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GameStop made the news once again for firing a store manager after $5,000 worth of PlayStation 5’s were stolen from the store. While the specific reason has not been announced, it is believed that it was for not training the employee on proper store procedure. However, the employee, who was robbed at gunpoint, was left in the store alone due to nationwide staff layoffs and shift cuts which leaves the store more vulnerable.

Following the firing of the manager, a number of employees at the branch walked out. The store ended up closed with a note left on the door for customers. It read, “GameStop overworks and underpays! They don’t care about their employees! I quit! Power to the players!” The anger of this former employee is echoed by many others who work there, complaining of similar issues.

If you go to the GameStop reddit it is full of similar tales. There are people who were promised promotions and then had their hours cut. A 19-year-old new recruit who was left alone to manage the store without proper training. And someone who was told there were no hours for them, being refused unemployment as the company claims they quit.

The subreddit functions as a sounding board for disgruntled employees. Some are asking for tips from others, others are complaining about difficult customers, however, the majority of complaints are about the executives in GameStop HQ. The complaints revolve around the numbers focus of the company. Putting importance on sales figures over the people working there. While employees try to build a rapport with customers hoping for repeat custom, GameStop is pushing them to bully buyers into unwanted sales.

One of these metrics is the ‘conversion rate’. This is the number of people who come into a store compared to the number who make a purchase. Employees obviously have no power over this, and it’s not uncommon for a group to come into a store for a single purchase. There are also those who browse and plan to come back later. But these people hurt employees, as GameStop only wants people to enter the stores if they intend to buy.

GameStop offers a below-average hourly wage, and is known to cut work hours without notice, but it still manages to hook in game-fanatic employees who want to work around games every day, and interact with people who want to buy them. However, this is no longer enough as people start celebrating their “promotion to guest”, meaning that they quit. This is met with a wave of congratulations by other GameStop former and current employees.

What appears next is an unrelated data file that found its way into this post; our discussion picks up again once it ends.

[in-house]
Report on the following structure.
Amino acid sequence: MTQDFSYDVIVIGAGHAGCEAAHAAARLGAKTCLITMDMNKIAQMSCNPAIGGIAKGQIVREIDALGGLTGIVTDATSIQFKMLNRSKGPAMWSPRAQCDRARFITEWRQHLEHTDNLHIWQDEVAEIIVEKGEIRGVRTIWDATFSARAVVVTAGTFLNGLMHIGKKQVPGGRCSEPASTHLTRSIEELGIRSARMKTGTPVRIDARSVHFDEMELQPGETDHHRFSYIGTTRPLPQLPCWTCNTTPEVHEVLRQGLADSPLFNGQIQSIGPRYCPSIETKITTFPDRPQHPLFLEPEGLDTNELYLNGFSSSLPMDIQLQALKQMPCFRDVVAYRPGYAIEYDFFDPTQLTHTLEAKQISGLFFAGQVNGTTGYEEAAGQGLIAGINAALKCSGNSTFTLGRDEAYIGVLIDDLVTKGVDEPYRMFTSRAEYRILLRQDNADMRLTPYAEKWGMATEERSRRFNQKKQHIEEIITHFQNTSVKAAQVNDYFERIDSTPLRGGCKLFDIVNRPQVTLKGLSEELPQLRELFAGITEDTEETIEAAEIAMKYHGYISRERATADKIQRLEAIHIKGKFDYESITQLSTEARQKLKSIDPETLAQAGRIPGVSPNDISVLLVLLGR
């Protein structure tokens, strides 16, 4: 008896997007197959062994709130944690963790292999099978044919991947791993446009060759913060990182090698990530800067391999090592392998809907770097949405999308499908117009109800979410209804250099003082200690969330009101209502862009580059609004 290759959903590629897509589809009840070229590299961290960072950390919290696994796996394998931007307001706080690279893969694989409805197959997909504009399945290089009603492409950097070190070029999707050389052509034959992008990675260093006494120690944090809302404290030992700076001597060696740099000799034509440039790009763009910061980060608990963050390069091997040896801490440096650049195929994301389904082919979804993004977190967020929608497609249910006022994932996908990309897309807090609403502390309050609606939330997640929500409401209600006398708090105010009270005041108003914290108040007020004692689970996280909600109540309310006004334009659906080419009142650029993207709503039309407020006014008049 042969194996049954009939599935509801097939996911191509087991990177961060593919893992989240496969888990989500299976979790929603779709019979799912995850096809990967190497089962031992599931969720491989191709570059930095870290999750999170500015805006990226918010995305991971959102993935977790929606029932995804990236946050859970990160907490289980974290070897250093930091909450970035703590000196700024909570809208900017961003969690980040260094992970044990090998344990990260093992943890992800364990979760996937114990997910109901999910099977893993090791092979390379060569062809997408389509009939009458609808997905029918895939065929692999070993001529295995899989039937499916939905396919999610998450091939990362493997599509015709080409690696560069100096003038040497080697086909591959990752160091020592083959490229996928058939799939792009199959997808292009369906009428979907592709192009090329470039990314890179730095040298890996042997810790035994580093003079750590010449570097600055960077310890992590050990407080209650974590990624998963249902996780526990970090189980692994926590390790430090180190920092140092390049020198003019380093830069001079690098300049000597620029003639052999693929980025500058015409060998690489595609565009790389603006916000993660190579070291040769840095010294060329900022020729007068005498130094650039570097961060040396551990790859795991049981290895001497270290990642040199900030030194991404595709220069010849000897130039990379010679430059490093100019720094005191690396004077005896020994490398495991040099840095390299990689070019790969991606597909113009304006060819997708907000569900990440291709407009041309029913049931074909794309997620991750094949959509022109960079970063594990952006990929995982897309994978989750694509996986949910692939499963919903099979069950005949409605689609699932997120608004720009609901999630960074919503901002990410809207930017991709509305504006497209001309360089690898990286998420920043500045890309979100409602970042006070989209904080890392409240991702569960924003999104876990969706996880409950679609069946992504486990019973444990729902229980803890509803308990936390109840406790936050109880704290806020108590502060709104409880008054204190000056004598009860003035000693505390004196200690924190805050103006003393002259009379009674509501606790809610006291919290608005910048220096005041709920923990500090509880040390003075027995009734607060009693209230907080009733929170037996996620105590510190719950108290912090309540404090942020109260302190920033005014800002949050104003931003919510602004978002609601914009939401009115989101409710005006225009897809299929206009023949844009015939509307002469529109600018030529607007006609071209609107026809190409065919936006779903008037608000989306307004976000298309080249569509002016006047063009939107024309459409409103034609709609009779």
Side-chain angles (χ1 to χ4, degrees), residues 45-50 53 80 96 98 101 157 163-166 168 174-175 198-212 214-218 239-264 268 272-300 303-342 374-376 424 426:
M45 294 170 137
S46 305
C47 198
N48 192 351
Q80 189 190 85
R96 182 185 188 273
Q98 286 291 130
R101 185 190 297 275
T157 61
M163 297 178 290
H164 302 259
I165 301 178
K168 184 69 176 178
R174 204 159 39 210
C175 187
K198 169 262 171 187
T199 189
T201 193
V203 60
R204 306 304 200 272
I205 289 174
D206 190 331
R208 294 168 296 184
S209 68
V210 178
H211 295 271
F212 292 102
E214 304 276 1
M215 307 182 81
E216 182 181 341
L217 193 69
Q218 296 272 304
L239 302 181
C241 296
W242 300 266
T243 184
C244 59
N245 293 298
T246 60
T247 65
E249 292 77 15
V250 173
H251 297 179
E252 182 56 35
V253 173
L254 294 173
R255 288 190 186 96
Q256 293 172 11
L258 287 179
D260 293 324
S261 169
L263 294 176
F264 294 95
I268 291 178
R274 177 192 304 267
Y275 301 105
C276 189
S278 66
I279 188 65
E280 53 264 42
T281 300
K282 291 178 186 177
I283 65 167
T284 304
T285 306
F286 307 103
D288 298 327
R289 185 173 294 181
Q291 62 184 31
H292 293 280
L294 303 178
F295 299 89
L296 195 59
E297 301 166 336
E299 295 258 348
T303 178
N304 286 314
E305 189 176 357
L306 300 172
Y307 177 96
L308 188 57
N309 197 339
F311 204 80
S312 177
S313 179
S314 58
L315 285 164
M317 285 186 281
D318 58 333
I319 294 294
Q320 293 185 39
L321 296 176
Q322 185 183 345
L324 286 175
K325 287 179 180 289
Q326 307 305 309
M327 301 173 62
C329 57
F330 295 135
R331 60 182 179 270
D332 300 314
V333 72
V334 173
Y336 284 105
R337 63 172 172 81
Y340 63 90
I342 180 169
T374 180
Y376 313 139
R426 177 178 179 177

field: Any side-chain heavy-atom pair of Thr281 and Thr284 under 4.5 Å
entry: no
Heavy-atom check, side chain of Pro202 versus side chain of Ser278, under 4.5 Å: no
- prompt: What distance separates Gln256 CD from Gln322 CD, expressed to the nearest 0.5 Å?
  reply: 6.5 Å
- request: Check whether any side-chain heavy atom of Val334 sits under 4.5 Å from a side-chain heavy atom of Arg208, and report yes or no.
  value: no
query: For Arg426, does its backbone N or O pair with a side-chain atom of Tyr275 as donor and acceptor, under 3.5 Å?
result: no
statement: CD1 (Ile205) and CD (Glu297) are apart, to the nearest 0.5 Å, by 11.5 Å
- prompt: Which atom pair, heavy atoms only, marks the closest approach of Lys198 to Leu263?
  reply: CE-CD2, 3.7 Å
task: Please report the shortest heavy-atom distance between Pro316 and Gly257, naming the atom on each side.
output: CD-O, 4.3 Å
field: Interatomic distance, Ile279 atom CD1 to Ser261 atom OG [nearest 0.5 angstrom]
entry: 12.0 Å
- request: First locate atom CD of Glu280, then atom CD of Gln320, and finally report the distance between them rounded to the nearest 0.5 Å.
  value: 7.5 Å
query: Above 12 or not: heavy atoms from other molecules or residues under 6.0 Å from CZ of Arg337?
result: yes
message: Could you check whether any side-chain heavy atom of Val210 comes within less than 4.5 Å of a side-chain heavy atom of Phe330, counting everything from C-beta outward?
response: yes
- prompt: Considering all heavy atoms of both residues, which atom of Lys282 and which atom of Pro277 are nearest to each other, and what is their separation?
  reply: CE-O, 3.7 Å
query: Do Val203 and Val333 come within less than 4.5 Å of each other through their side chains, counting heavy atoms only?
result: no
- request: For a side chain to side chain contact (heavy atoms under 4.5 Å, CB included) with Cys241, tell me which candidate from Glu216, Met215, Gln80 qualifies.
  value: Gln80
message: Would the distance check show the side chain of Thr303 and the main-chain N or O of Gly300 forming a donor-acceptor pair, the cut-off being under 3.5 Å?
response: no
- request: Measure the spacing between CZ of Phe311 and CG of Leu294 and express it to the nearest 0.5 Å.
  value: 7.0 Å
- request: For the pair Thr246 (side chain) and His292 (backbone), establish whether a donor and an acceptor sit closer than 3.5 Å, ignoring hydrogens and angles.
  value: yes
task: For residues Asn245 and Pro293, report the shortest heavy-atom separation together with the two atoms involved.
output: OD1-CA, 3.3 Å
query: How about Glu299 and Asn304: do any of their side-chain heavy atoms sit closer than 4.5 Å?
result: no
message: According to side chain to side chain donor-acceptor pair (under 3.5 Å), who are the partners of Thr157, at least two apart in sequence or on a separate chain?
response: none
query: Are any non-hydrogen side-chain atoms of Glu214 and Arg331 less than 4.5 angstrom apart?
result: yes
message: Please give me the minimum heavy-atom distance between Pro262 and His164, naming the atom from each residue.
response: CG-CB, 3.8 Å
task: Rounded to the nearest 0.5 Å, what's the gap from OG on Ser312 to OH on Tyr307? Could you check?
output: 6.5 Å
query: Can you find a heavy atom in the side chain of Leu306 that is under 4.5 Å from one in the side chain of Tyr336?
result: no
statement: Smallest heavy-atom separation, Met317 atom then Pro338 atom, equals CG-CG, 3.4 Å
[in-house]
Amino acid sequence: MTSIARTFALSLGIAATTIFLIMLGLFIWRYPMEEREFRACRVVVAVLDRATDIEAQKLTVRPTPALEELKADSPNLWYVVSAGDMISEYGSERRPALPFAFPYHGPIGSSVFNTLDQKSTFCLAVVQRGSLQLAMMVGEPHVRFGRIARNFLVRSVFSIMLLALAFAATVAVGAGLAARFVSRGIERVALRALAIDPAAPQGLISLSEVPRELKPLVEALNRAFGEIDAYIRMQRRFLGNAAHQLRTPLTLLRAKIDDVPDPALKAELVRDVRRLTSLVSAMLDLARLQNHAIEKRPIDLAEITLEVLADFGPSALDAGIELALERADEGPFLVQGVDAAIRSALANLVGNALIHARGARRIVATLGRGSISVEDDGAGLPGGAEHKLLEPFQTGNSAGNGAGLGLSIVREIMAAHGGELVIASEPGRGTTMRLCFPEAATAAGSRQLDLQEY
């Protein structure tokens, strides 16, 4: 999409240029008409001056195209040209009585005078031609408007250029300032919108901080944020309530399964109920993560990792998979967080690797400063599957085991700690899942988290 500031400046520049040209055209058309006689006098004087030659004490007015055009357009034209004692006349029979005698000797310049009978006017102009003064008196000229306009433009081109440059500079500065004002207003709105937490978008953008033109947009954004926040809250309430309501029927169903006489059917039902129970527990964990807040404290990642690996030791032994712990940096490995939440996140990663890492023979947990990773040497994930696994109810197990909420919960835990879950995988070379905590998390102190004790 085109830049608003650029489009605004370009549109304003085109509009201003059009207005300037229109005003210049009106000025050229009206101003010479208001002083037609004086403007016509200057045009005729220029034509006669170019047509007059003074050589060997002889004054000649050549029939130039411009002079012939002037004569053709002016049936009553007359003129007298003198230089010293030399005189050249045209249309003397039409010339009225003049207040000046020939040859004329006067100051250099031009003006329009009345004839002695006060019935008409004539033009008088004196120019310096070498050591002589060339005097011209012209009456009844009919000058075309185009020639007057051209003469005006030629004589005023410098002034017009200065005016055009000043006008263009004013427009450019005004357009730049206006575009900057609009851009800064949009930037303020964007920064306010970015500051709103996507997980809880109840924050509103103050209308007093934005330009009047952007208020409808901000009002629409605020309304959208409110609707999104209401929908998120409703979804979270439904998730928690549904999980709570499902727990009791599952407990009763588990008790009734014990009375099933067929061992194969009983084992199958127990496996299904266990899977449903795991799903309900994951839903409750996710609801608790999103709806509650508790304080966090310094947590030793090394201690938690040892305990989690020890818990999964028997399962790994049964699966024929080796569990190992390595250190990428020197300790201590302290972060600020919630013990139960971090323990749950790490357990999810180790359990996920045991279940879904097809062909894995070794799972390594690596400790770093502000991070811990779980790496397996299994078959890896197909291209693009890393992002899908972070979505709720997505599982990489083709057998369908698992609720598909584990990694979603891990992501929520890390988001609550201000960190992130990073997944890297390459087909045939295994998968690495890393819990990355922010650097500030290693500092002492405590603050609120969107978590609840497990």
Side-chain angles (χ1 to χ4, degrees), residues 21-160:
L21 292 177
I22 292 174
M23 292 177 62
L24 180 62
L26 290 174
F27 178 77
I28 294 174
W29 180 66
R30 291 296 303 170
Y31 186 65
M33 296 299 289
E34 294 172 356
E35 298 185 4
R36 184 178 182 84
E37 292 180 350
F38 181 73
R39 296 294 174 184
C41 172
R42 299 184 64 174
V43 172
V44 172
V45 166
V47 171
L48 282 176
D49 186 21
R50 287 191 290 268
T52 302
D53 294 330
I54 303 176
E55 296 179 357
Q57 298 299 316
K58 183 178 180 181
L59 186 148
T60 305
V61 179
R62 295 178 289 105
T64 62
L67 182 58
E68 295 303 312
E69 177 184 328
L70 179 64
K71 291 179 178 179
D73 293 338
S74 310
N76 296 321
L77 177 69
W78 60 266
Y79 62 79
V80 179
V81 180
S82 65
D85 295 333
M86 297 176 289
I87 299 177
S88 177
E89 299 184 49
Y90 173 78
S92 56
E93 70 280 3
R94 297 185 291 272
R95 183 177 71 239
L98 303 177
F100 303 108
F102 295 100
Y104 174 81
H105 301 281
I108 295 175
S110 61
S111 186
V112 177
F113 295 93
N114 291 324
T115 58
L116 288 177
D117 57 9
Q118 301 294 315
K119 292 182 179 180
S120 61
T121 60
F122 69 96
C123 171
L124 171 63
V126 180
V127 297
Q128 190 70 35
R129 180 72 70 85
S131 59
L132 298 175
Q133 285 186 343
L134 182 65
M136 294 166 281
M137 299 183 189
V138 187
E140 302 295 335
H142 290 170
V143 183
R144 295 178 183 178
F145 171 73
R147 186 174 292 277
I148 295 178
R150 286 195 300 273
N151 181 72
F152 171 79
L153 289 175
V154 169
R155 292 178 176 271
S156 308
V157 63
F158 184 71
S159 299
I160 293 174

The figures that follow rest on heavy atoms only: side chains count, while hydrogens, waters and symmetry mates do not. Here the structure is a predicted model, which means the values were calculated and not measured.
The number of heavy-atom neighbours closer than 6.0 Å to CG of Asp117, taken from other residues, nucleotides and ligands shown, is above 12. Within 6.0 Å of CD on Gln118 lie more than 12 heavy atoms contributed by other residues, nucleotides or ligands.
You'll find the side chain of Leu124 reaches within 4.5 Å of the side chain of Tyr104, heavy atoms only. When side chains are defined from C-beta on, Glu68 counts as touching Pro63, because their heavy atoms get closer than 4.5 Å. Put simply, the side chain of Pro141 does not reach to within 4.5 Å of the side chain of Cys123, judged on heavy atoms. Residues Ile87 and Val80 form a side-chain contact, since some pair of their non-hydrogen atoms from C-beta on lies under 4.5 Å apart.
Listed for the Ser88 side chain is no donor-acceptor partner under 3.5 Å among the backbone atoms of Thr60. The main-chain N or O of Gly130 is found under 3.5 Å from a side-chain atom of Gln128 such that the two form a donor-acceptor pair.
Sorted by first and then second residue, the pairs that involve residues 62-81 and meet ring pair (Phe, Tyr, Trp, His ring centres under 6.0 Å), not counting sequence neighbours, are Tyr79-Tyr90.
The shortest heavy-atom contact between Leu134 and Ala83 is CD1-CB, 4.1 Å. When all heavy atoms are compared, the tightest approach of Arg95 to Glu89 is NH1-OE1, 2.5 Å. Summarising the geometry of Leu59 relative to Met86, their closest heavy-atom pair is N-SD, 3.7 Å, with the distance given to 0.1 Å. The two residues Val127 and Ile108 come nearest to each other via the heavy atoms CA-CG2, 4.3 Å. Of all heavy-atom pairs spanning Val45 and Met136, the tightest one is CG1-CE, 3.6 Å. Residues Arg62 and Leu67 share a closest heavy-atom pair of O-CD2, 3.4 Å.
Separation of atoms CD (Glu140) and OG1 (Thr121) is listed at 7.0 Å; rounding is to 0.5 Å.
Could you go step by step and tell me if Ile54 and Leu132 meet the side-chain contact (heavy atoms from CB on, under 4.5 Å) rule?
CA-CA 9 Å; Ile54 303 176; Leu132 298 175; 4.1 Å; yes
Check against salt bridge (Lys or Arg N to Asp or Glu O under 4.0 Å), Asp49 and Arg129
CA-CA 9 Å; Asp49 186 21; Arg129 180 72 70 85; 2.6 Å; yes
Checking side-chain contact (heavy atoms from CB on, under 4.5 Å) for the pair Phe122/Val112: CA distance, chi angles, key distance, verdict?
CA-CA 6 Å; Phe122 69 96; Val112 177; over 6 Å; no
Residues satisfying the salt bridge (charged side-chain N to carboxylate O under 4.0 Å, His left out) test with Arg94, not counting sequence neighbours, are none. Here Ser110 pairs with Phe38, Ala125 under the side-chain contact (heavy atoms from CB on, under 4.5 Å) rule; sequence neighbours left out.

It’s not the stifling metrics, the low pay, and the minimal hours that are forcing all of the employees to quit. There are some that genuinely fear for their lives in an effort to protect the store, or suffer GameStop’s wrath. In comments, a former employee recounts how they were held at gunpoint while the store was robbed in 2013. When the higher-ups arrived, instead of asking about their welfare, they wanted them to sign a form that said that they could be held liable for the robbery. Talking about the incident they said, “I had more hatred for him than the guy who shoved a gun in my back.”

Another talks about being left alone in a store as someone pointed a gun and stole the majority of the money from the cash register. They didn’t make the morning deposit as there was only $4 left, and instead included it in the deposit at the end of the day. Later a loss prevention manager arrives and chews them out for not depositing company money. They were apparently worried more about the $4, than the safety of its employees.

The final example I want to highlight is of a female employee who was being harassed by a customer. The man would send disgusting messages to her on social media and come to the store just to watch her. She reached breaking point when her car was broken into at work and personal items were stolen. After this incident, she filed a police report and restraining order. Since then her hours have been cut and supervisors refuse to talk to her, except for an ominous meeting to discuss “big changes”.

GameStop’s profits have been plummeting, so much so that investors began taking out short stocks against them. People rode the wave of the meme raising stock prices to levels not seen in years, but that joke has long since had its last laugh. Working with games only offers so much enthusiasm, and this is quickly sucked away by corporate standing on the necks of the people who work there. High employee turnover is the death knell of a dying business. Treating employees like humans instead of money-making robots, would be the first step towards survival.